Prince Charles: Inside The Duchy Of Cornwall documentary trailer
This week, the Prince of Wales has come under fire after reports claimed he vetted legislation that gave a special exemption to the Duchy that stopped his tenants buying their homes. The opaque procedure known as the Queen’s assent allows the Queen or Charles to vet the contents of bills by government ministers and approve them before they are to be passed by Parliament. The Queen is given two weeks to view any draft bill that will affect the revenues, assets or interests of the Crown, including the Crown Estate, the Queen’s estate and the Duchy of Lancaster, while Charles is offered the same opportunity with those affecting the Duchy of Cornwall.
A report this week claimed three bills vetted by the Prince of Wales ended up with special exemptions for the Duchy that means residents on his estate cannot buy their own homes outright.
Furthermore some residents have claimed their homes have diminished in value and they cannot borrow against them to help pay for things like social care.
However, a Duchy of Cornwall spokesman said: “Any assertion that the Prince of Wales has blocked or unduly influenced legislation is incorrect.”
This is not the first time the role of Charles has been criticised for issues relating to the Duchy.
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Prince Charles receives hundreds of thousands of pounds every year from unwritten wills
The Queen’s assent procedure means the Queen has vetted over 1000 bills during her reign
The Duchy is an area of land in Cornwall ‒ as well as property in 22 other countries ‒ that has been given to the eldest surviving son of the monarch since it was established by Edward III in 1337.
Charles runs it as a private estate, with the land and its assets being worth over £1billion in the financial year 2018-2019.
The Duchy has a number of ancient provisions which Charles is still the beneficiary of, for example the right to anything salvaged from Cornish shipwrecks.
Crucially, however, centuries-old rules dictate that Charles retains the rights to the property of Duchy residents who die without a will or heirs.
Prince Charles and William visiting the Duchy Home Farm
This also applies to assets remaining after the dissolution of a company.
He also reportedly has the power to veto any laws that would change this arrangement.
By contrast, the property of all other British citizens who die reverts to the Treasury.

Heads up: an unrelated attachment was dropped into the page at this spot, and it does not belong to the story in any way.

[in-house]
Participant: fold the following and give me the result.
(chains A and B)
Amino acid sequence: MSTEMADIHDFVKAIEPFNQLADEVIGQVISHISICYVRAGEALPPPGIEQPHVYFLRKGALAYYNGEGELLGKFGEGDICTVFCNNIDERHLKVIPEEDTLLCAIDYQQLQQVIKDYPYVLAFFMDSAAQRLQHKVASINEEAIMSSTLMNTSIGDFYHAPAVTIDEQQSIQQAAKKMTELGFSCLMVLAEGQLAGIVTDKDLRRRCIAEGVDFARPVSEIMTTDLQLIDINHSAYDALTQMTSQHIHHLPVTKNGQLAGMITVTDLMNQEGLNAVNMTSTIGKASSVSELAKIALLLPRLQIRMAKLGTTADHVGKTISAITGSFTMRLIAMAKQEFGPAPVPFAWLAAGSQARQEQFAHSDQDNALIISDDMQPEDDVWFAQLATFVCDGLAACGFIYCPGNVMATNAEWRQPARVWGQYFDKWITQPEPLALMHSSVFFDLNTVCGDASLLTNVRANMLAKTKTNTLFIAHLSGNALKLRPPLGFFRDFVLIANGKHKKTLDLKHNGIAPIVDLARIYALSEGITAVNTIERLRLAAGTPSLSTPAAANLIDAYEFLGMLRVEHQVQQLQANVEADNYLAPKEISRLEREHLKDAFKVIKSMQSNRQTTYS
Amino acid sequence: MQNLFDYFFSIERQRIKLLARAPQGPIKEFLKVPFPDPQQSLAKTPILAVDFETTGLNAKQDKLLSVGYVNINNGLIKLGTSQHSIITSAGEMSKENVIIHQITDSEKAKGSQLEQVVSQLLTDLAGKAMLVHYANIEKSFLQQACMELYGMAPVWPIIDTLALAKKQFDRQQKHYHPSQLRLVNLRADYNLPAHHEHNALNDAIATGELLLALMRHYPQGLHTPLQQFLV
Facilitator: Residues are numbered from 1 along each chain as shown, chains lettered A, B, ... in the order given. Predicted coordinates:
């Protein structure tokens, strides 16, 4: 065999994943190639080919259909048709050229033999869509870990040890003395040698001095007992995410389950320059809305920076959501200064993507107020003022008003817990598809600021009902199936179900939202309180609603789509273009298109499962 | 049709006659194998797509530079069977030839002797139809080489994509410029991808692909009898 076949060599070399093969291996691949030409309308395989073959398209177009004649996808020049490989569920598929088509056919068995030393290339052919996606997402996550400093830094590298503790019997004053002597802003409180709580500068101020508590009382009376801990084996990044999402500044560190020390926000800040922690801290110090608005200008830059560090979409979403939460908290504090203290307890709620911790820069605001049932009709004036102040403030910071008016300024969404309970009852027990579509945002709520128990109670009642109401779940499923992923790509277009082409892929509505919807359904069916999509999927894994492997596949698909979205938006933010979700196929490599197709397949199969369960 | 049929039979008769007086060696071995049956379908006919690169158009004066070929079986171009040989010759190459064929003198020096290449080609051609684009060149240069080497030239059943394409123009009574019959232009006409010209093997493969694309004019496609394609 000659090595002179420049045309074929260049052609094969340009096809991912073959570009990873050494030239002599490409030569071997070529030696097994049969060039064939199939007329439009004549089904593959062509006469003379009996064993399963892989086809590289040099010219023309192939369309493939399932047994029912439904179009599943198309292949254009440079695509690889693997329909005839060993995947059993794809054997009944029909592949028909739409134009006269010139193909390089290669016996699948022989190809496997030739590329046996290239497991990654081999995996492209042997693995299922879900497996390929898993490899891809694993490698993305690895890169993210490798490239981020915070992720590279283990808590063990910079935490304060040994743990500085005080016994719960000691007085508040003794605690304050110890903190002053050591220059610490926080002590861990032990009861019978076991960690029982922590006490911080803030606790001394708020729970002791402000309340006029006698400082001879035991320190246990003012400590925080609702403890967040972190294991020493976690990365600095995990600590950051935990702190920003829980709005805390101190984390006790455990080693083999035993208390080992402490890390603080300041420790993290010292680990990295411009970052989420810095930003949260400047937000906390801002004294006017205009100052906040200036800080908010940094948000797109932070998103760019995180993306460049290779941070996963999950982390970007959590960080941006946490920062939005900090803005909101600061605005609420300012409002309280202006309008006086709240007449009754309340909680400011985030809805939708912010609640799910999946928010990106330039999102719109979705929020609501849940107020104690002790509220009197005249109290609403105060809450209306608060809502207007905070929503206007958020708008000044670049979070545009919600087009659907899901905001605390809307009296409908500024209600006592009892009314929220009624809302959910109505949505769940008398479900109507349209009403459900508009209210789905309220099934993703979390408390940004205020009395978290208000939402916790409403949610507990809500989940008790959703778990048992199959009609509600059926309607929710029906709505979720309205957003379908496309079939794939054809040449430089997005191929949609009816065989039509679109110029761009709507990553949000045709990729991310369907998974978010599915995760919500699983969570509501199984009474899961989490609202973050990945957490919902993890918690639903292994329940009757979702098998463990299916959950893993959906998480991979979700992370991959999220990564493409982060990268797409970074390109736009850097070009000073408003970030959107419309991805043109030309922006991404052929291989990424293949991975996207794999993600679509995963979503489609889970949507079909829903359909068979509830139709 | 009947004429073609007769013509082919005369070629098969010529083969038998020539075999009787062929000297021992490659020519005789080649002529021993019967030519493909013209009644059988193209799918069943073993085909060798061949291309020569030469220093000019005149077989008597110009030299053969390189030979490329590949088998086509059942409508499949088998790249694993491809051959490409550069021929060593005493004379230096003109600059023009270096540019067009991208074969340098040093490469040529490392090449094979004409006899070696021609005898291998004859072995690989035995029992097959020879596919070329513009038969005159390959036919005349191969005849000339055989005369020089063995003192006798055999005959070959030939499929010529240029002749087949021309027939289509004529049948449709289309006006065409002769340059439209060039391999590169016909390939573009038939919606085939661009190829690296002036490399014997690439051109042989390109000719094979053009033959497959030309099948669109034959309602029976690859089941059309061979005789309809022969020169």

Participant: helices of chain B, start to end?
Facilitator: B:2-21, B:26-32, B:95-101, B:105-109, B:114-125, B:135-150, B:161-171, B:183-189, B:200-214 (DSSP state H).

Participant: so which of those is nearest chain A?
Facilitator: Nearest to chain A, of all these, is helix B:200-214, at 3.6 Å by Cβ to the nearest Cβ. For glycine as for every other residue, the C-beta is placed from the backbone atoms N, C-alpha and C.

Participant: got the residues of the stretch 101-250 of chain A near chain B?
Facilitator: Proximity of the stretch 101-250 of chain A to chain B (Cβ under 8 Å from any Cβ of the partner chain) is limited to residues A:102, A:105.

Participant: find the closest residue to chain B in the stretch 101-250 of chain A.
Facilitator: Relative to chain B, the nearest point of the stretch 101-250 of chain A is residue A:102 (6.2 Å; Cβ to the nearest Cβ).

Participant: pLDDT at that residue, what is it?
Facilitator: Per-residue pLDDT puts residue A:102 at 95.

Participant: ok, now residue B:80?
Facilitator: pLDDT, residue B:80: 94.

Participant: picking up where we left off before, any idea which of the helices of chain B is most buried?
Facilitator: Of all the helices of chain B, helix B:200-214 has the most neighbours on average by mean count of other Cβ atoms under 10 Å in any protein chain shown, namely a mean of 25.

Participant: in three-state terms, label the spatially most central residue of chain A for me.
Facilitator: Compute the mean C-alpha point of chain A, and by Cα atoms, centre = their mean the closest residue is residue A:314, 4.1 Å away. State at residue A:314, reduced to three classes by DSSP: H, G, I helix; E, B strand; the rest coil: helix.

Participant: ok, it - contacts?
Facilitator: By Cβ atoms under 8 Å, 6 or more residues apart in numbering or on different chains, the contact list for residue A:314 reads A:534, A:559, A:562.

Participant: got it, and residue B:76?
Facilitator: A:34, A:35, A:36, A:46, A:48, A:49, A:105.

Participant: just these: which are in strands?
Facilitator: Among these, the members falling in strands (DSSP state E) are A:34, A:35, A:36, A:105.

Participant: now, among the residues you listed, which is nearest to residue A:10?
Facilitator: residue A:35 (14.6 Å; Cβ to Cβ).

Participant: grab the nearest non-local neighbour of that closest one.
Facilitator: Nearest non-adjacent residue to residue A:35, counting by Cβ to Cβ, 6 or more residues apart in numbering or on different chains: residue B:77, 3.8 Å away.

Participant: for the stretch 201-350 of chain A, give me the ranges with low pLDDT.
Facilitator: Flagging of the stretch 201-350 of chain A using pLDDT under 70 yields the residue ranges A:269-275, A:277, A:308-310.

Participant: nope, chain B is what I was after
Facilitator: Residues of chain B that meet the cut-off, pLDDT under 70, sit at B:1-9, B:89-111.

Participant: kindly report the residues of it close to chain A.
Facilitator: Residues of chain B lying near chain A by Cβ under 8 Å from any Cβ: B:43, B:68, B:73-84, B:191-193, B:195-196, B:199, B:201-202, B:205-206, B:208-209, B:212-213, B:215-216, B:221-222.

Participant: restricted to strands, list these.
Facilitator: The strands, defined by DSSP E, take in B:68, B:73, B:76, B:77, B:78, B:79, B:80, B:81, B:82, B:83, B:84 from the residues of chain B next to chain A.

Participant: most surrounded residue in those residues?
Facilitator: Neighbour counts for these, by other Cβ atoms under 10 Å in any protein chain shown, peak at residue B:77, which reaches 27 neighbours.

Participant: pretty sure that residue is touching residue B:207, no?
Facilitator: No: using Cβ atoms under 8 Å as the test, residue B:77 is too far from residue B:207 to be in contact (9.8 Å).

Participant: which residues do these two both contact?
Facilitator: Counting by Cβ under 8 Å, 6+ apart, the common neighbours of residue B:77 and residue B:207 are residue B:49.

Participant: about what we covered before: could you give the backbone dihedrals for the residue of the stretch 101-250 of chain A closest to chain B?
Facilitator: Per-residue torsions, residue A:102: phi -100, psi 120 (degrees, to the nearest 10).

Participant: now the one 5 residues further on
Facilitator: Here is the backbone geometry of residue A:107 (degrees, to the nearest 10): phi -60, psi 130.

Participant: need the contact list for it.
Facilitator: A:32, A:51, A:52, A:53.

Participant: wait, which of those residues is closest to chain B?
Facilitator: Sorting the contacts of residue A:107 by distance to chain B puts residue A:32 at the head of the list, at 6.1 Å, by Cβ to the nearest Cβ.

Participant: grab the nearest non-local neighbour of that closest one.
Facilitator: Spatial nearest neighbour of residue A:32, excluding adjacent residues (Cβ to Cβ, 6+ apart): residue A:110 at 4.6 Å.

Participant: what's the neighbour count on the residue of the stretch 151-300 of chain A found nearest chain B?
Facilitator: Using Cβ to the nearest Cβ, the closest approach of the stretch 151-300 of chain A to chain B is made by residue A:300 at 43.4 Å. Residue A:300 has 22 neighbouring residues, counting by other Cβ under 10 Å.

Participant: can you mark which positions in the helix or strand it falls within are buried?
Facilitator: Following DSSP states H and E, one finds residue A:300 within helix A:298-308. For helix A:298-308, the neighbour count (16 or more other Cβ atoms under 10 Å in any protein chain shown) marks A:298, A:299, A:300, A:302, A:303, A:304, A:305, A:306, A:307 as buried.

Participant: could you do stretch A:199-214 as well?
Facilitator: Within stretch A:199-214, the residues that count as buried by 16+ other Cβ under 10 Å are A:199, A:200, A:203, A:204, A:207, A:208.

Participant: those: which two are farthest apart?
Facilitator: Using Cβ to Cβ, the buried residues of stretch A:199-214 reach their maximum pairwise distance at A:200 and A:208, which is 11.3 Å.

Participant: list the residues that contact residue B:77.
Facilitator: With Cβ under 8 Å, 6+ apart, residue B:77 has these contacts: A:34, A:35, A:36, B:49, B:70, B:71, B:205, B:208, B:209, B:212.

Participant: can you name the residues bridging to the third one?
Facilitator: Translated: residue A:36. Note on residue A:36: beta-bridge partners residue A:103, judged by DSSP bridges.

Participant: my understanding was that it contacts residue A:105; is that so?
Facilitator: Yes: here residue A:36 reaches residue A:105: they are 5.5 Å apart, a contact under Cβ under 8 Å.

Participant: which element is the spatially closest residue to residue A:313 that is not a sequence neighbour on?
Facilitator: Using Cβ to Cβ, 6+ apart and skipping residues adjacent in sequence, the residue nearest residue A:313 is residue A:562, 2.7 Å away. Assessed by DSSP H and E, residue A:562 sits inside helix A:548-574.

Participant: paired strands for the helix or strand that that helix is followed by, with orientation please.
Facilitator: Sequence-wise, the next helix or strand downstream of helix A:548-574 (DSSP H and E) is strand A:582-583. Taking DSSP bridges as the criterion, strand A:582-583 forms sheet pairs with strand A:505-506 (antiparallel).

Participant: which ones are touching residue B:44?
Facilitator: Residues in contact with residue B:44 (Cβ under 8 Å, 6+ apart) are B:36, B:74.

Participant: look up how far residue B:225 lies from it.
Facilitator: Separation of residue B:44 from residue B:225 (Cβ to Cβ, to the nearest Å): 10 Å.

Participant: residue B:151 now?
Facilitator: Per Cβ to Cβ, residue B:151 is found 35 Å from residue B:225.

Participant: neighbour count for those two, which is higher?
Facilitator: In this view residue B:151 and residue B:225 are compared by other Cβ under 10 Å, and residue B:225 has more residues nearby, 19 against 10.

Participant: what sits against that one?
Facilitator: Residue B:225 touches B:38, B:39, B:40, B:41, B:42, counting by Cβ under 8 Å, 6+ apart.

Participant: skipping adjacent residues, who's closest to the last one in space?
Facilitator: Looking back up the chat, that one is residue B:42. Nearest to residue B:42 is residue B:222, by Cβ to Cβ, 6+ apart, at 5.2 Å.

In the 2019-2020 financial year the heir to the throne received £201,000 from residents who died without a will, or from dissolved but unclaimed companies, according to the Duchy of Cornwall revenues report.
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One of the prince’s biggest projects to date was building the town on Poundbury in Duchy of Cornwall
Charles and William on the Duchy Home Farm
This boosted the total income from the Duchy to more than £22million.
The previous year, a staggering £868,000 was received in the process know as bona vacantia.
This meant in just two years, more than £1million was paid to the Duchy from unwritten wills.
Prince Charles does not keep the money himself, but retains some in reserves in case of future claims and gives the rest to his Duke of Cornwall’s Benevolent Fund.
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This Fund invests and grows the money and it is then paid out to charitable causes and institutions in Cornwall and the Southwest.
In the last financial year, a total of £182,000 was paid out in ex gratia payments and the rest was retained with creditors to meet potential future claims from individuals statutorily entitled to estates which had previously passed to the Duchy.
The year before, £64,000 was paid out in ex gratia payments and returns and £132,000 given to the Benevolent Fund.
Charles inherited the Duchy of Cornwall when he became Duke of Cornwall in 1962.
Since then, he has used the Duchy’s revenues for his expenses, in addition to the Sovereign Grant money his households receive for the prince’s official duties.
Money from the Duchy has been used to prop up Prince Harry and Meghan Markle’s first year apart from the Royal Family.
Prince Charles and the Duchy of Cornwall have not been the only aspects under the microscope of The Guardian’s series on the Queen’s Assent.
Indeed, the Queen herself received some flak for intervening in a transparency bill in order to keep her own private wealth a secret, the newspaper reported.
Documents from the National Archives revealed correspondence from the Seventies in which Her Majesty’s representative urged civil servants to adapt the plans to keep her finances under wraps.